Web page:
From a group of 20 street performers at its beginnings in 1984, Cirque du Soleil has brought wonder and delight to close to 155 million spectators in more than 300 cities in over 40 countries on six continents. Now in its fourth decade, Cirque du Soleil has expanded in a wide range of creative endeavors ranging from movies to apparel and from boutiques to nightclubs. Cirque du Soleil currently has 20 shows, including LUZIA, which will be making its San Francisco debut on November 16 with an exclusive premier showing at the SF Chamber’s Excellence in Business Awards. Read more about LUZIA and Cirque du Soleil from Mark Shaub, LUZIA’s artistic director.
What makes LUZIA different from other Cirque du Soleil shows?
LUZIA explores themes of Mexican art and culture, and in a way it was born mature. I think it’s one of the better shows I’ve worked on in the sense of having all of the elements really gel together. The music supports the movement, which supports the costumes, which supports the lighting, making a very beautiful, very unified statement.
And while it’s a show that draws inspiration from different aspects of culture, art and history from Mexico, there is nothing encyclopedic about it. We chose the aspects of that culture that we wanted to work with that make a beautiful show, approaching it as something that we wanted to inspire the audience and make you feel something. If you can capture that and put it on stage, it transcends any cultural boundaries because everyone can experience emotions, can see colors and hear rhythms. That’s something we love working with as our sense of direction for all of the acrobatics and choreography.
What is special about this LUZIA cast and crew?
It was important to us to have certain artists that did come from a Central and South American background, especially when it came to the musicians. But, like all other Cirque shows, the cast of LUZIA comes from all over the world. We look for artists that are the best in their field no matter where they come from in the world, so we always end up with a multicultural, multilingual, multinational cast. I take it for granted, honestly. We’re truly a microcosm of any great urban city.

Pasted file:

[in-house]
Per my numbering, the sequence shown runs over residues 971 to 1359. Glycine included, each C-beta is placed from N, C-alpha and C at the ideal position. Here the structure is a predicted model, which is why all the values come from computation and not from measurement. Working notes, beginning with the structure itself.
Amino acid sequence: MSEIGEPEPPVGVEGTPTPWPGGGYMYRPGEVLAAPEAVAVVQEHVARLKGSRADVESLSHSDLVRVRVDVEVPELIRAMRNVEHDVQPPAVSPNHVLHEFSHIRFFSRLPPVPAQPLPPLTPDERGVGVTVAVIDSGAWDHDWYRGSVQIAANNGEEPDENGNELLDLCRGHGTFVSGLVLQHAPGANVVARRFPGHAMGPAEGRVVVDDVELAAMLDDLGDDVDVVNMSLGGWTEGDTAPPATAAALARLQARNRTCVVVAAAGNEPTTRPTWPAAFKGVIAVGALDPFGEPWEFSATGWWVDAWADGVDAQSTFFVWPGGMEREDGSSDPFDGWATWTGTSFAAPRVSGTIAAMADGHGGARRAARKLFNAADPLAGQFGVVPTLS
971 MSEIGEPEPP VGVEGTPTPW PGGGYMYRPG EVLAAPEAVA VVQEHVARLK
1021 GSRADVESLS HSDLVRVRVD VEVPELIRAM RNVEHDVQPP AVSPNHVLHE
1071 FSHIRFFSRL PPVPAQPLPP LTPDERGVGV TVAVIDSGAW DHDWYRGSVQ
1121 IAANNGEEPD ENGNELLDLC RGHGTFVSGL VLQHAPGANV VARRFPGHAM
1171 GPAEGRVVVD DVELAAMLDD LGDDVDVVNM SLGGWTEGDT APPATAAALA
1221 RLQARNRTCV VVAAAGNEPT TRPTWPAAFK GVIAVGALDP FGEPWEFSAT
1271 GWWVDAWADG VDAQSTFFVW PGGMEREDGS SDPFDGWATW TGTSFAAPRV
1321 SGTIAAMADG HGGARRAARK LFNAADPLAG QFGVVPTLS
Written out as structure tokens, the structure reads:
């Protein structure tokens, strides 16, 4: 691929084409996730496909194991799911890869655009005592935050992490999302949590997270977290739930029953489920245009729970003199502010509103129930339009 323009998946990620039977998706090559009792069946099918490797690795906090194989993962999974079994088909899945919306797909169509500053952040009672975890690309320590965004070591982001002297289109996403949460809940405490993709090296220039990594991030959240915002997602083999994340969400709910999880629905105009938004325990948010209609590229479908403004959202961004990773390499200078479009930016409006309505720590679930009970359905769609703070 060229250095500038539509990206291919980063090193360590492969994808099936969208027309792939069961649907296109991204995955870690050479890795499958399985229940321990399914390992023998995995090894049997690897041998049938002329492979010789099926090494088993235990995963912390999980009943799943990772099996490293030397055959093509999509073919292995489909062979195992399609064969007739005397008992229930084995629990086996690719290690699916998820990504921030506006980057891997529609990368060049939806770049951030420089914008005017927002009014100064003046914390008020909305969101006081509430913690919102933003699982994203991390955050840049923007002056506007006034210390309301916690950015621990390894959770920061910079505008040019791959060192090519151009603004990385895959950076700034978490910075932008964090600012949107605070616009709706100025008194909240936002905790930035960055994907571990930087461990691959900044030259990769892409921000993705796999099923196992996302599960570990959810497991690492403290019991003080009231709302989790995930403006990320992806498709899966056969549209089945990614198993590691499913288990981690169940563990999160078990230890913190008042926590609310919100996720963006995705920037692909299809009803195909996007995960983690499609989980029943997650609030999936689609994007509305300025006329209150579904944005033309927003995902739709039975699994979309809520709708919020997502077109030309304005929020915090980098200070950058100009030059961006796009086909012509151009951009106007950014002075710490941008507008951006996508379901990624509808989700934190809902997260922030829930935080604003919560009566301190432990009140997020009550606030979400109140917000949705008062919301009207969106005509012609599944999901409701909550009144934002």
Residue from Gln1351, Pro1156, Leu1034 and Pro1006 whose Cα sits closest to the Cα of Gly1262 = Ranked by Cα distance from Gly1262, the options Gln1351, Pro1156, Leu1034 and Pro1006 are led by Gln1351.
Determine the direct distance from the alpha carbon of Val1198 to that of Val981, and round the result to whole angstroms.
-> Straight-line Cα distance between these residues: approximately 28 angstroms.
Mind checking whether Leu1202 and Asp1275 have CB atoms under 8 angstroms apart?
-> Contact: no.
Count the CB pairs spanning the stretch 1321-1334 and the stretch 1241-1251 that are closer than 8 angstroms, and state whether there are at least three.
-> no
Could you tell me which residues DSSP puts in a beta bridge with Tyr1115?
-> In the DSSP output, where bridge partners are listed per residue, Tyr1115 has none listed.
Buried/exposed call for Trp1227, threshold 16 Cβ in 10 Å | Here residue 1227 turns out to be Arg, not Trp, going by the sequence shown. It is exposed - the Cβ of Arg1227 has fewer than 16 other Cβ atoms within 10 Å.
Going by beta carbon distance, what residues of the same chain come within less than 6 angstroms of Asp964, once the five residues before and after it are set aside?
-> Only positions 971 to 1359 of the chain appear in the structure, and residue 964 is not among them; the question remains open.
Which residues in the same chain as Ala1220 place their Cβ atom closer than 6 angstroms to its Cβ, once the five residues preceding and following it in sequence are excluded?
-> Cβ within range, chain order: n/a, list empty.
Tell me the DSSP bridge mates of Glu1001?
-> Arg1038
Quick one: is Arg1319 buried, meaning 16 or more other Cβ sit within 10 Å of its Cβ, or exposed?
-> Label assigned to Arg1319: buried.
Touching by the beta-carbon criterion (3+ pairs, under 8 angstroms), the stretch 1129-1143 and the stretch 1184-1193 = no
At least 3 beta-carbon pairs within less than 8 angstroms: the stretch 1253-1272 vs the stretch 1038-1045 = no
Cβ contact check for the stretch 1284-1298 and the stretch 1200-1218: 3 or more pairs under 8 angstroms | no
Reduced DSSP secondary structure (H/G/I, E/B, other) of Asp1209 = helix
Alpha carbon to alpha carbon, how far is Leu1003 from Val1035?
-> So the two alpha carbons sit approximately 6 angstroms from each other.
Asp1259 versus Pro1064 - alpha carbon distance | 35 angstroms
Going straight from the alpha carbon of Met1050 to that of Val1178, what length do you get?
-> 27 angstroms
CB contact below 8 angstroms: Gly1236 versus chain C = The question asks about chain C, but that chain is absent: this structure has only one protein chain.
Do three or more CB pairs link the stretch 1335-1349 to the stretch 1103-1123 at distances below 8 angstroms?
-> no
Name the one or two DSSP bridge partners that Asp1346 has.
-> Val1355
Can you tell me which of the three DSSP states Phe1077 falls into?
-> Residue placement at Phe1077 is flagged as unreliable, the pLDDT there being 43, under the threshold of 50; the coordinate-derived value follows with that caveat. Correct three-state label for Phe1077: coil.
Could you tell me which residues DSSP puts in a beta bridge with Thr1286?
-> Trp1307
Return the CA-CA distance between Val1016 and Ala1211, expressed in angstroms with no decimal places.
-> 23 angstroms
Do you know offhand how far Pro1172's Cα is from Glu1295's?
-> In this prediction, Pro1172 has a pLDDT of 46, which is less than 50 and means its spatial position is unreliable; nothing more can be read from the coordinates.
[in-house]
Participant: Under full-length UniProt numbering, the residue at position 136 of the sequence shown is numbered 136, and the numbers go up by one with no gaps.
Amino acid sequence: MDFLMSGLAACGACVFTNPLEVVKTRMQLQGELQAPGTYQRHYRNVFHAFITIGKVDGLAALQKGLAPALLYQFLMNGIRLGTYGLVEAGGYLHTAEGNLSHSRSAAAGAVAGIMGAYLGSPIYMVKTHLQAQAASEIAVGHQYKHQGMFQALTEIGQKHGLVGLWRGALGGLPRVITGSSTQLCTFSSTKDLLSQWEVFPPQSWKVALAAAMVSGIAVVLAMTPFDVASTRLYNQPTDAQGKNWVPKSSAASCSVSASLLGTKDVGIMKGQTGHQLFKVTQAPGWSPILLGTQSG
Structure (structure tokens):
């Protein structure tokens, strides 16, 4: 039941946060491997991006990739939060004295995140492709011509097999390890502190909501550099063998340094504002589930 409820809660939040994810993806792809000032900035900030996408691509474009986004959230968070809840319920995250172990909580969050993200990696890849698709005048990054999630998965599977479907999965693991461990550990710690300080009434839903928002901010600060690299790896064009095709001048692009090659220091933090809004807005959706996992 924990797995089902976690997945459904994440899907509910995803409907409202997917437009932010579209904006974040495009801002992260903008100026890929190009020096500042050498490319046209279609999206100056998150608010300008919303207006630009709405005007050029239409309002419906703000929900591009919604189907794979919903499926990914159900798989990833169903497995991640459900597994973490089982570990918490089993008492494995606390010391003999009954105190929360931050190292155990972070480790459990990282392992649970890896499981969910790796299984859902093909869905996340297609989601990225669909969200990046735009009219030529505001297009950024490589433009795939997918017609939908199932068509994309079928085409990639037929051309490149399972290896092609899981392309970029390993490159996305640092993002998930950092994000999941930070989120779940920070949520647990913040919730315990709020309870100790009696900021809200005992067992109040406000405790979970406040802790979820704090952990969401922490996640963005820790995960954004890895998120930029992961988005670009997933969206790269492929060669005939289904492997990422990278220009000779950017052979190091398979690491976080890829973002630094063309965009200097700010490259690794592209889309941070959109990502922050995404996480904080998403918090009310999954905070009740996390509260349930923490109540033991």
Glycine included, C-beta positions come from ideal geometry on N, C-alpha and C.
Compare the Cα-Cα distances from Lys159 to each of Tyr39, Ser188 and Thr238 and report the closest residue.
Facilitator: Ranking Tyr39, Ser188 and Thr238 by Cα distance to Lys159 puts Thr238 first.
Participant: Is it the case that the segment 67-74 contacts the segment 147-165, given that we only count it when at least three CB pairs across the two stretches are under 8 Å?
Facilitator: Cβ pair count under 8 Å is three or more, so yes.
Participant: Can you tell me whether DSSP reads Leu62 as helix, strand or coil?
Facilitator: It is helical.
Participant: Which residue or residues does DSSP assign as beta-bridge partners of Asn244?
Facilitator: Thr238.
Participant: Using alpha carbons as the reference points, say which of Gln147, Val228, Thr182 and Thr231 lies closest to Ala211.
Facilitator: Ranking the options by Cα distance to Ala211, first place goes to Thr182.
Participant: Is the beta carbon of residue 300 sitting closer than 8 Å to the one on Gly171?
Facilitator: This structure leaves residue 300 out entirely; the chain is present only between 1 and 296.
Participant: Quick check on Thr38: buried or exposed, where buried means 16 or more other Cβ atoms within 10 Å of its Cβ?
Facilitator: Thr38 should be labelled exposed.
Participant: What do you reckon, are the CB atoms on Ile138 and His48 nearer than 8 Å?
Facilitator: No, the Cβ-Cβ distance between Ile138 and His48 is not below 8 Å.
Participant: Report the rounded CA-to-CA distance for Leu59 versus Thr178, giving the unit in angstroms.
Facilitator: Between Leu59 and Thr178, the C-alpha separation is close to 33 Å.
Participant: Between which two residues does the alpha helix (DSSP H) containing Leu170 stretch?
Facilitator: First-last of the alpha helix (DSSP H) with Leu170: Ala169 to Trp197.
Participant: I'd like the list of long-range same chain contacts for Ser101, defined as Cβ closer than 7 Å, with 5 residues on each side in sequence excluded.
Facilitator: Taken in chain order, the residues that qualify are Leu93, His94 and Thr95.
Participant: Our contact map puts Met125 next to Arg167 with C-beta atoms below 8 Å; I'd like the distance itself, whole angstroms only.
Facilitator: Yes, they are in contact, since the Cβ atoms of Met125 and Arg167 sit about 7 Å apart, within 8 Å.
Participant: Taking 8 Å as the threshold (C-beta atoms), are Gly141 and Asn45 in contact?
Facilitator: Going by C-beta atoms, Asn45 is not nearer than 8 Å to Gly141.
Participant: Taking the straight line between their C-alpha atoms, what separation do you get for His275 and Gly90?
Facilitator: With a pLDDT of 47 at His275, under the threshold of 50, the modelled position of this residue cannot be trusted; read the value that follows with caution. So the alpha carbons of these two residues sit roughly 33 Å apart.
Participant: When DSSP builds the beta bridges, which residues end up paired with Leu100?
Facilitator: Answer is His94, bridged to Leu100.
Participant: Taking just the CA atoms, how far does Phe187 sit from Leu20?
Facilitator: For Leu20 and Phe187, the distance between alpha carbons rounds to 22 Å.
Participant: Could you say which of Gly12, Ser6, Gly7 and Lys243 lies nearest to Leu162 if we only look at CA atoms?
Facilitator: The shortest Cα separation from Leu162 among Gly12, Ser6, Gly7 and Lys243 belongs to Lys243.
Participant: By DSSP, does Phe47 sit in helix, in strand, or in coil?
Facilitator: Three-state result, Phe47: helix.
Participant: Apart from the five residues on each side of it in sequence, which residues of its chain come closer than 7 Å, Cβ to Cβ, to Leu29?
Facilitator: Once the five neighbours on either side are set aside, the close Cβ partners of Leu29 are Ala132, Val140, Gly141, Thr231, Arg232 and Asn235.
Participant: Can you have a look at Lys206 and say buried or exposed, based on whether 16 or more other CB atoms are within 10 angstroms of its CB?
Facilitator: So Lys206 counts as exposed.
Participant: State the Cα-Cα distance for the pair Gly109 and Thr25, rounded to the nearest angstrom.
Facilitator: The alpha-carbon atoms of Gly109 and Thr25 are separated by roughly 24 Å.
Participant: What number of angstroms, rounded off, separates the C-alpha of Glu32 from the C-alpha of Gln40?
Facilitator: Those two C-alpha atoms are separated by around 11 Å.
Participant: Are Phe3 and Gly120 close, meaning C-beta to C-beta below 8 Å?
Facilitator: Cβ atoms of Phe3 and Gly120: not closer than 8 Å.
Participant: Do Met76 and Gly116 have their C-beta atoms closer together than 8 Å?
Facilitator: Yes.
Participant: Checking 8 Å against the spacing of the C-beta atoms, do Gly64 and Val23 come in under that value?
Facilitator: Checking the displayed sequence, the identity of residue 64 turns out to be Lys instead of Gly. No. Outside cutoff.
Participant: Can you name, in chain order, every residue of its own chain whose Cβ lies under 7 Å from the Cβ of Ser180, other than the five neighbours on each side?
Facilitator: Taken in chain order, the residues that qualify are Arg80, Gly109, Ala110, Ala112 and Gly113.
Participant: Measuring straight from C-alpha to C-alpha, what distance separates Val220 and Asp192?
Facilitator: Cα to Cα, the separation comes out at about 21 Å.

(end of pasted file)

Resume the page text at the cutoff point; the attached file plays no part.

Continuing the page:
What do you love about working with Cirque du Soleil?
In our daily life, I work with a team of coaches, art assistants, stage managers, a wardrobe department, and so many others in addition to the performers. All together we’re looking at this show and wondering, is it as good as it can be? Can we make that better? That keeps us going and gets us excited, and it’s that type of attitude that has allowed Cirque du Soleil to grow and be recognized. There are so many people involved in making this happen, and it’s those people around me that make these shows happen.
I started as a performer in the contemporary dance world for roughly 20 years, and once it was time to move on I was very fortunate that a job became available with Cirque du Soleil and that I made it through a grueling interview process. But I got the job and I immediately fell in love with it. My experience with smaller dance companies was transferrable to a large-scale production with Cirque du Soleil, because it’s a larger company with people that are so motivated and take so much pride in what they do.
What are the challenges of having such a large production with a setup like the Big Top?
This is the fifth show I’ve been on with Cirque du Soleil, and different shows have different challenges, especially depending on the age of the show. With LUZIA, we’re finding our rhythm and fine tuning. On a show that’s been running for 12 to 15 years, you’re looking for ways to keep it fresh and put new challenges in front of the artists and get them to dig deeper and do different things. Working with a new group of artists who understands what it means to travel and perform so many times a week and do them consistently at a level of excellence that we take pride in is the challenge.
What is your favorite part about performing and putting on shows in the San Francisco Bay Area?
San Francisco has a very vibrant circus community, but also all of the arts in general are so vibrant. I know San Francisco has changed a lot in the last 10 years, and that will always have an impact on the culture. But it’s always been a place for me that has been really rich, and you can tell there is a vibrant history of art and so many different cultures in San Francisco.